I have tried city living, both in Pittsburgh and Denver. We moved here originally because the housing prices were lower for what you got, and because we liked the (then) small community (5000 people) atmosphere.
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Old 02-20-2007, 07:19 PM
 
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Default the_pines

Quote:
Originally Posted by pittnurse70 View Post
There are suburbs and there are suburbs. I grew up in what would probably be defined by the demographers and some people on this thread as an exurb: 30 miles from Pittsburgh. We lived a fairly urban lifestyle in that place: walked to school, took the bus to the downtown area (not downtown Pitts), etc. The houses were older for the most part, garages were detached.
There was another place a few miles away that fits the definition of a sterile suburb perfectly. This was the 50s and 60s and most of the homes were being built then. There was not much walking, and few public services.

I currently live in a city that is about the same distance from Denver. It has 25,000 people. It is an old coal-mining town. We have a small downtown with a nice library and restaurants. The community has maintained its "small town" feel with a big 4th of July celebration, a Fall Festival at Labor Day with the second largest parade in Colorado, and a Parade of Lights in December. We have practically everything you can find in a larger city, but on a smaller scale. We have an arts center, a recreation center, the library, a golf course, etc. We have the proximitry to Denver if we want to go to a really professional play, the museums, or of course, the professional sports. While it is impossible to define just what a "good" school system is, most students at our local high school go on to college. We don't have a lot of crime or litter. We have some low income housing, but nothing you would call a slum. Do I like it? Yes, obviously.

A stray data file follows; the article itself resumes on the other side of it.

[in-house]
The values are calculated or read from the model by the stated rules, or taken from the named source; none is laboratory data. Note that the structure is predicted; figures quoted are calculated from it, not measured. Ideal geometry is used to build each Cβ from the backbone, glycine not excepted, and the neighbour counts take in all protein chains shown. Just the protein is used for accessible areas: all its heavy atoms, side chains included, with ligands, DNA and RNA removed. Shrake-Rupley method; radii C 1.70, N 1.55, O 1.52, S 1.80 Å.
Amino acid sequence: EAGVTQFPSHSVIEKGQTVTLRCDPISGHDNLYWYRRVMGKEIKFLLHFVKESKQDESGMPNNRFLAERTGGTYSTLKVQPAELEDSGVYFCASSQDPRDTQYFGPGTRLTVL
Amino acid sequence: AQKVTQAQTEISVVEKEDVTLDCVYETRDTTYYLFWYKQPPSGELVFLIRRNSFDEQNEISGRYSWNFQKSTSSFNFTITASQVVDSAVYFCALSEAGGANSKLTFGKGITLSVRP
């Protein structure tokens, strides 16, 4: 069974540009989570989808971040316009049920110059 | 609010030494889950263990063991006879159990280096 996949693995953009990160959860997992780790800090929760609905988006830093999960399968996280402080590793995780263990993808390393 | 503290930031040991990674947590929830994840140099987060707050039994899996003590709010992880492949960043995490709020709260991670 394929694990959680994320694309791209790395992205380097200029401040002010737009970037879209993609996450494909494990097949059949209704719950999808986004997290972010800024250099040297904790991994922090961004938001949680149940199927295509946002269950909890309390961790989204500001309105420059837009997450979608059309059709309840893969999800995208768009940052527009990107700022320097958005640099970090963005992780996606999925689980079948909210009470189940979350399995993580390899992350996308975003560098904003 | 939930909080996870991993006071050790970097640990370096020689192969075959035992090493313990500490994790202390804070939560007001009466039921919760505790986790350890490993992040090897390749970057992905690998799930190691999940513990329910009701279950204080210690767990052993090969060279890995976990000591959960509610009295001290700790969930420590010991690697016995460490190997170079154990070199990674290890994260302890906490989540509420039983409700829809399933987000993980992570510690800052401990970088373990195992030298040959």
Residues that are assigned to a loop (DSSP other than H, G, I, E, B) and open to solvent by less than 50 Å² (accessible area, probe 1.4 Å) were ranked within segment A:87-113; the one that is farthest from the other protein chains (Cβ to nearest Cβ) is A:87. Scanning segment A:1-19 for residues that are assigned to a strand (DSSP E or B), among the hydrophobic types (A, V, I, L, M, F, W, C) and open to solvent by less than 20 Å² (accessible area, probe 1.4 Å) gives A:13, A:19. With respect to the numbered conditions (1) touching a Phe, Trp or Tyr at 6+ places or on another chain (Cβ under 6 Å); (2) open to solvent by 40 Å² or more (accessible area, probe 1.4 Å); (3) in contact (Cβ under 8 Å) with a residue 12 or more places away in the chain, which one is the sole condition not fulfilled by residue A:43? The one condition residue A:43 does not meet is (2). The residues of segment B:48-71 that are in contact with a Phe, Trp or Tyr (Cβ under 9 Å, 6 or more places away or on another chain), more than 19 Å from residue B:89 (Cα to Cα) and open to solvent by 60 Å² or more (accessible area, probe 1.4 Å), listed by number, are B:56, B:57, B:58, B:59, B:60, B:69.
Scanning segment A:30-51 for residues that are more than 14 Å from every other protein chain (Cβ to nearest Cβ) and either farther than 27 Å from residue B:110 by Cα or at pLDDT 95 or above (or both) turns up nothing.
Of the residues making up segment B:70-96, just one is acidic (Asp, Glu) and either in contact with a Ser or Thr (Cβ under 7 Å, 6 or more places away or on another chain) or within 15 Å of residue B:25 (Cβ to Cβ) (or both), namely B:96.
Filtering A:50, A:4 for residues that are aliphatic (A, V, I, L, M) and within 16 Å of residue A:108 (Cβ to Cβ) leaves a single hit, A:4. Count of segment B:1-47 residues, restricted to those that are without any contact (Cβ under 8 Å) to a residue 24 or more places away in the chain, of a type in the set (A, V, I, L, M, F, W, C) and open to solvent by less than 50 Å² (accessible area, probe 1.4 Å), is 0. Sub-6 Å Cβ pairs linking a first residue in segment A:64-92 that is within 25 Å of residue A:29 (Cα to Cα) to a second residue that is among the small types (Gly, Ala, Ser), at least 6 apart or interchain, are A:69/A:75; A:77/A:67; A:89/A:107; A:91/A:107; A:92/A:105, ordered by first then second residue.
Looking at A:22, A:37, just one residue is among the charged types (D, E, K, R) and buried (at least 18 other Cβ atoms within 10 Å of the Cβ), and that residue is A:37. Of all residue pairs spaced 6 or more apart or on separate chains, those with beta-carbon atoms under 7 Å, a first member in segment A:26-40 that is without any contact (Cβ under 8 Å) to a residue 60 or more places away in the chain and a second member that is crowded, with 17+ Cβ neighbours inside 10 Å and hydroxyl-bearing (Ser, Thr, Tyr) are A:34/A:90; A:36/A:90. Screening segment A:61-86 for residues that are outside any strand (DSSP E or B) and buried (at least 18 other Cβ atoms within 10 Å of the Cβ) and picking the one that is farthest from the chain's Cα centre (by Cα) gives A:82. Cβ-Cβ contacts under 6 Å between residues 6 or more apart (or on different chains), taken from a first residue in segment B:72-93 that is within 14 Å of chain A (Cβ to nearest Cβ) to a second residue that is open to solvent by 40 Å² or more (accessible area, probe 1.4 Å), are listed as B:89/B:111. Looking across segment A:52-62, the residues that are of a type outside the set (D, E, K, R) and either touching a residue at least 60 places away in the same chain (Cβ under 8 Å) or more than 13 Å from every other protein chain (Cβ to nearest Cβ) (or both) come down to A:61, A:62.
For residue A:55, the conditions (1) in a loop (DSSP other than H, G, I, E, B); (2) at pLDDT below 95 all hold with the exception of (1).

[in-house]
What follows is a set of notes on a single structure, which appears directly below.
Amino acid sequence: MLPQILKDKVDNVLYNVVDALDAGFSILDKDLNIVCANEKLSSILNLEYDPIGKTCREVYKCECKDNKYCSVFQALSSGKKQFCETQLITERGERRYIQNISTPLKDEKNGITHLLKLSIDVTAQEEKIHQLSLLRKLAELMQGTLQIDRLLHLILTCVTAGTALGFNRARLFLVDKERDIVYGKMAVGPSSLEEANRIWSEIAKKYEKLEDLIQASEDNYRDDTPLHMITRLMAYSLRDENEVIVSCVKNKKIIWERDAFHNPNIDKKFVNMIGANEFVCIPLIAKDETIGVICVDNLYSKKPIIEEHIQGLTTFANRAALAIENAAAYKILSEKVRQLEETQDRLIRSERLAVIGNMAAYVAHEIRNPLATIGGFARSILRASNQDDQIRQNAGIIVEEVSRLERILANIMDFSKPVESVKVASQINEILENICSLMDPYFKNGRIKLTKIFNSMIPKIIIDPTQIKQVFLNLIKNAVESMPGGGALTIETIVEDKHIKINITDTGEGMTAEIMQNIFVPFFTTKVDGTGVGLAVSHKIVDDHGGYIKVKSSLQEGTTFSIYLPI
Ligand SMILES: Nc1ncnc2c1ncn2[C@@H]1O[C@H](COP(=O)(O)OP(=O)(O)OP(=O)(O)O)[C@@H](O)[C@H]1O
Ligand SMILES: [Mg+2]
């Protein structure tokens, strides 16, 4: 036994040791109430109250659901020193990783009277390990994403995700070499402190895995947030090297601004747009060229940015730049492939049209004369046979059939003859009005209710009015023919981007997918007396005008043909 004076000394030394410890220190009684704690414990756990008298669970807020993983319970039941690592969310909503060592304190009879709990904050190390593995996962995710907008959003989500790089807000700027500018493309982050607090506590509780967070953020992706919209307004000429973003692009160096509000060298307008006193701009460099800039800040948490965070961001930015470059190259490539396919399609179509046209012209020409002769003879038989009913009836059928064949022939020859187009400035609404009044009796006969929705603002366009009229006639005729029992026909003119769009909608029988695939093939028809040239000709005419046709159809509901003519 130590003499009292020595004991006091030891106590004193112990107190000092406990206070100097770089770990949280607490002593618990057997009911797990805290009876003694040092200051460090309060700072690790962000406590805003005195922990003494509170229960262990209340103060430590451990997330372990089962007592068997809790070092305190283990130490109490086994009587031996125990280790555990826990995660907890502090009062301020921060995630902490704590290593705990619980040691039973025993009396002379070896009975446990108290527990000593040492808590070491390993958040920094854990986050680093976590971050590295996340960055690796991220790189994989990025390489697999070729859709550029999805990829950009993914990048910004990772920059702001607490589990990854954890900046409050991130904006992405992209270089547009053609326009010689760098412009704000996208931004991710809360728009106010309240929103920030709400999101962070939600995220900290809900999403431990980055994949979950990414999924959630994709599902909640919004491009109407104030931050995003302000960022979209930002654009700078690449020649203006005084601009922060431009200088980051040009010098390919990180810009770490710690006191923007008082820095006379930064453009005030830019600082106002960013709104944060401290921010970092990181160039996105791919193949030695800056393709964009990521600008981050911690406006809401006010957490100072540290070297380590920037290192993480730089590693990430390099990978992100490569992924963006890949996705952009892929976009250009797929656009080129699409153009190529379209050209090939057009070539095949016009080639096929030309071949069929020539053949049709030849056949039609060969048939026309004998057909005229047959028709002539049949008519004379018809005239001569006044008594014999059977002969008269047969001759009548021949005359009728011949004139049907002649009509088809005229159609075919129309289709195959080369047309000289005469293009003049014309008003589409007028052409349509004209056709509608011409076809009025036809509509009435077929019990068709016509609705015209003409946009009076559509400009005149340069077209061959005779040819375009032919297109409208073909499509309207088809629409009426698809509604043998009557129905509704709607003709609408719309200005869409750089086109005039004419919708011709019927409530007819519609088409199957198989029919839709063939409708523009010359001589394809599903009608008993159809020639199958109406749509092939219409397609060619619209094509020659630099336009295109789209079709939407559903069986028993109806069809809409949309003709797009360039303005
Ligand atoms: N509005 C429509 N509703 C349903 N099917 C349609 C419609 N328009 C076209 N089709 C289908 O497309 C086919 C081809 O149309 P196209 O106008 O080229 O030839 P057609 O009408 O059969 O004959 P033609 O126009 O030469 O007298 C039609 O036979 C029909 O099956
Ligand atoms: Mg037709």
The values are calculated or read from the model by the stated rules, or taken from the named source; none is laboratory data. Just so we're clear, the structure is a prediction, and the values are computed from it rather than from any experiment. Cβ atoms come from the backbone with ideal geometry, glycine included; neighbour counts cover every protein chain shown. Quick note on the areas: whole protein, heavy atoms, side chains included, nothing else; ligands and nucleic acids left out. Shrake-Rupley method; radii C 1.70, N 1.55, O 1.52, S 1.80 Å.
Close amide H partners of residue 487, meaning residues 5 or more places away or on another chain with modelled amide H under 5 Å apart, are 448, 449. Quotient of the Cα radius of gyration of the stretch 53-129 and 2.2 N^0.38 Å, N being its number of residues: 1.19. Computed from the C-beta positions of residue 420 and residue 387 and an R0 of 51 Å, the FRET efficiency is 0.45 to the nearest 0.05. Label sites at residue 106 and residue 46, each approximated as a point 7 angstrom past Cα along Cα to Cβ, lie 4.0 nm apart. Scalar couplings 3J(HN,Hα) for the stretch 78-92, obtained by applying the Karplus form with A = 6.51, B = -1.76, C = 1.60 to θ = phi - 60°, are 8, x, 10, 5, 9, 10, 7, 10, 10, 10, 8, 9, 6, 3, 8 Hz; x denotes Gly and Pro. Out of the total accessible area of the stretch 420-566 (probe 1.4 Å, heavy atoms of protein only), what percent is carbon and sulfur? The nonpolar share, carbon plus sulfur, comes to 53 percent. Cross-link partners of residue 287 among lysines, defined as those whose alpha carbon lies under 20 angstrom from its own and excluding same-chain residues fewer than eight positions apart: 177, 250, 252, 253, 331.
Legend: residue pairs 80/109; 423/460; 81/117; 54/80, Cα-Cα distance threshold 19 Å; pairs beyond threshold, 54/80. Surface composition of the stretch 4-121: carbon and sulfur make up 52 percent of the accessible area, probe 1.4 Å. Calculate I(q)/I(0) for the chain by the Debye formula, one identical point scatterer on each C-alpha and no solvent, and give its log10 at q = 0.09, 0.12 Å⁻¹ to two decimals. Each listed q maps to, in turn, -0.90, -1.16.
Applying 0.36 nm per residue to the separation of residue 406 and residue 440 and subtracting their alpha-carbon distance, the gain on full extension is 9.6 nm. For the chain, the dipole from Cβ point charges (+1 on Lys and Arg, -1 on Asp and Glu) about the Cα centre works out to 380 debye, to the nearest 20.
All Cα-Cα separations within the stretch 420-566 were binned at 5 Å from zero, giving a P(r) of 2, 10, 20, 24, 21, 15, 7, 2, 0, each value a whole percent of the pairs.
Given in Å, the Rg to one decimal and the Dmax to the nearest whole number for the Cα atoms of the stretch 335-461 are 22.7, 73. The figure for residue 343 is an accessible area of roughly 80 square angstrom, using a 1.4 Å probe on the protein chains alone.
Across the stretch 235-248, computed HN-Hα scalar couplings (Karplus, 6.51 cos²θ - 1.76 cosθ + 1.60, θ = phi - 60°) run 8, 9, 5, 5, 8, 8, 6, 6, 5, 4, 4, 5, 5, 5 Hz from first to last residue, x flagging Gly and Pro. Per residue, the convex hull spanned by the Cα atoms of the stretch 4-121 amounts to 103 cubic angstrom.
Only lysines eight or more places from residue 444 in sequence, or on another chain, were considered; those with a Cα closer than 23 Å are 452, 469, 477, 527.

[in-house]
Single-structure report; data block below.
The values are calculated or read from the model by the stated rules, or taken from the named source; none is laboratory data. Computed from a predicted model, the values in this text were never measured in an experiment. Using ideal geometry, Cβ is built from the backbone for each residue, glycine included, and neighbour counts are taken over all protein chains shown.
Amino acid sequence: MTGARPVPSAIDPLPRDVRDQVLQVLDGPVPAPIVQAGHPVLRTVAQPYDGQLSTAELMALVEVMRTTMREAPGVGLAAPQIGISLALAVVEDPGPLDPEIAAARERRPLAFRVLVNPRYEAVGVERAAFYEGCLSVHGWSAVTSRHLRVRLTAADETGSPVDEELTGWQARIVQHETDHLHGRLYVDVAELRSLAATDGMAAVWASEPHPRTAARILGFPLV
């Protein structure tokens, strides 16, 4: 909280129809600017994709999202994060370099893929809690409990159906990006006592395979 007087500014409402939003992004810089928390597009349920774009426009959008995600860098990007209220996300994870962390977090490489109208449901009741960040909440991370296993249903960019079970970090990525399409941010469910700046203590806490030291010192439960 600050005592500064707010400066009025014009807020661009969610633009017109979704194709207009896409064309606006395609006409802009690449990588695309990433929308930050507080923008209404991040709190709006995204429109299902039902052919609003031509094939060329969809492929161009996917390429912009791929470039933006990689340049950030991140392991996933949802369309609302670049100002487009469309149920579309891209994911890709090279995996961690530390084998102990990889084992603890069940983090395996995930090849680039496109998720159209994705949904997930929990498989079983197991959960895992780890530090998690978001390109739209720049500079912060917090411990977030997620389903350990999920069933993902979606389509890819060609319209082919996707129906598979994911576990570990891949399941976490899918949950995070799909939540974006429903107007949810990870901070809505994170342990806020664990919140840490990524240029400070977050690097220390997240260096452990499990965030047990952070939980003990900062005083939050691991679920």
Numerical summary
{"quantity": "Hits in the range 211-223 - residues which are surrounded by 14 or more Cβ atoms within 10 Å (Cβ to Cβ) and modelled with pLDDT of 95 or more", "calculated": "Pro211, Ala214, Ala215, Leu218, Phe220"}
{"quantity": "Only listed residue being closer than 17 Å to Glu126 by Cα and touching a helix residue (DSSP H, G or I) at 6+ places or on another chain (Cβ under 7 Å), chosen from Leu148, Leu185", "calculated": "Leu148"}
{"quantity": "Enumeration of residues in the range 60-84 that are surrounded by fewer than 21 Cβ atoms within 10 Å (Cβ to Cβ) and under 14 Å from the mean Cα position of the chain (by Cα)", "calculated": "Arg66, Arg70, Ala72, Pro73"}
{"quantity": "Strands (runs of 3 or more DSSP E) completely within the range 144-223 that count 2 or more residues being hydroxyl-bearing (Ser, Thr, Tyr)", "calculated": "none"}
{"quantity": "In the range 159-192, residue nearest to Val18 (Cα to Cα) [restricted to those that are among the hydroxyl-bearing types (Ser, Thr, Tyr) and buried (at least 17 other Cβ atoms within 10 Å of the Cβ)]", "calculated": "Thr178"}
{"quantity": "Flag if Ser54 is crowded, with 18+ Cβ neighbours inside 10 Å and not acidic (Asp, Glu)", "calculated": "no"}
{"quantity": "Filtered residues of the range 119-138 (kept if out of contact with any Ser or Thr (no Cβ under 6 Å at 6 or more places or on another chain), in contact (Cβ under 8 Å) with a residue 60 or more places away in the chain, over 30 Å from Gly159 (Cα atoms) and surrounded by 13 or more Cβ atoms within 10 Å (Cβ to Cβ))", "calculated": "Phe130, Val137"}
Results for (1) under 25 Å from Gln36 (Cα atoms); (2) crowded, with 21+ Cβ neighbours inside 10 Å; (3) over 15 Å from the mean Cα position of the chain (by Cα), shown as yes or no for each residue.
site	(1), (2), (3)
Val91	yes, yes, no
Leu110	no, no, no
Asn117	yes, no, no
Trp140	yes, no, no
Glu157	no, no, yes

I like a yard for a garden, and when the kids were little, for a play area. It sure beats taking them to the park or playground when it's time to fix dinner. Another advantage of the 'burbs is that they usually attract a lot of families, so the kids generally have someone nearby around their ages to play with.

I have tried city living, both in Pittsburgh and Denver. We moved here originally because the housing prices were lower for what you got, and because we liked the (then) small community (5000 people) atmosphere.
So the_pines, do you consider what Pittnurse describes here as an exurb?
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Old 02-21-2007, 09:14 AM
 
7,968 posts, read 18,078,632 times
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You know, it's funny that this topic should come up as I go back and forth on this from time to time, depending on my mood. Sometimes I want to be "in the middle of it all" and live in a busy urban neighborhood. Other times, I feel like getting away from everybody and moving to some exurban if even rural town. Ironically, it seems like I've made somewhat of a compromise with myself as I live in an inner-ring DC suburb.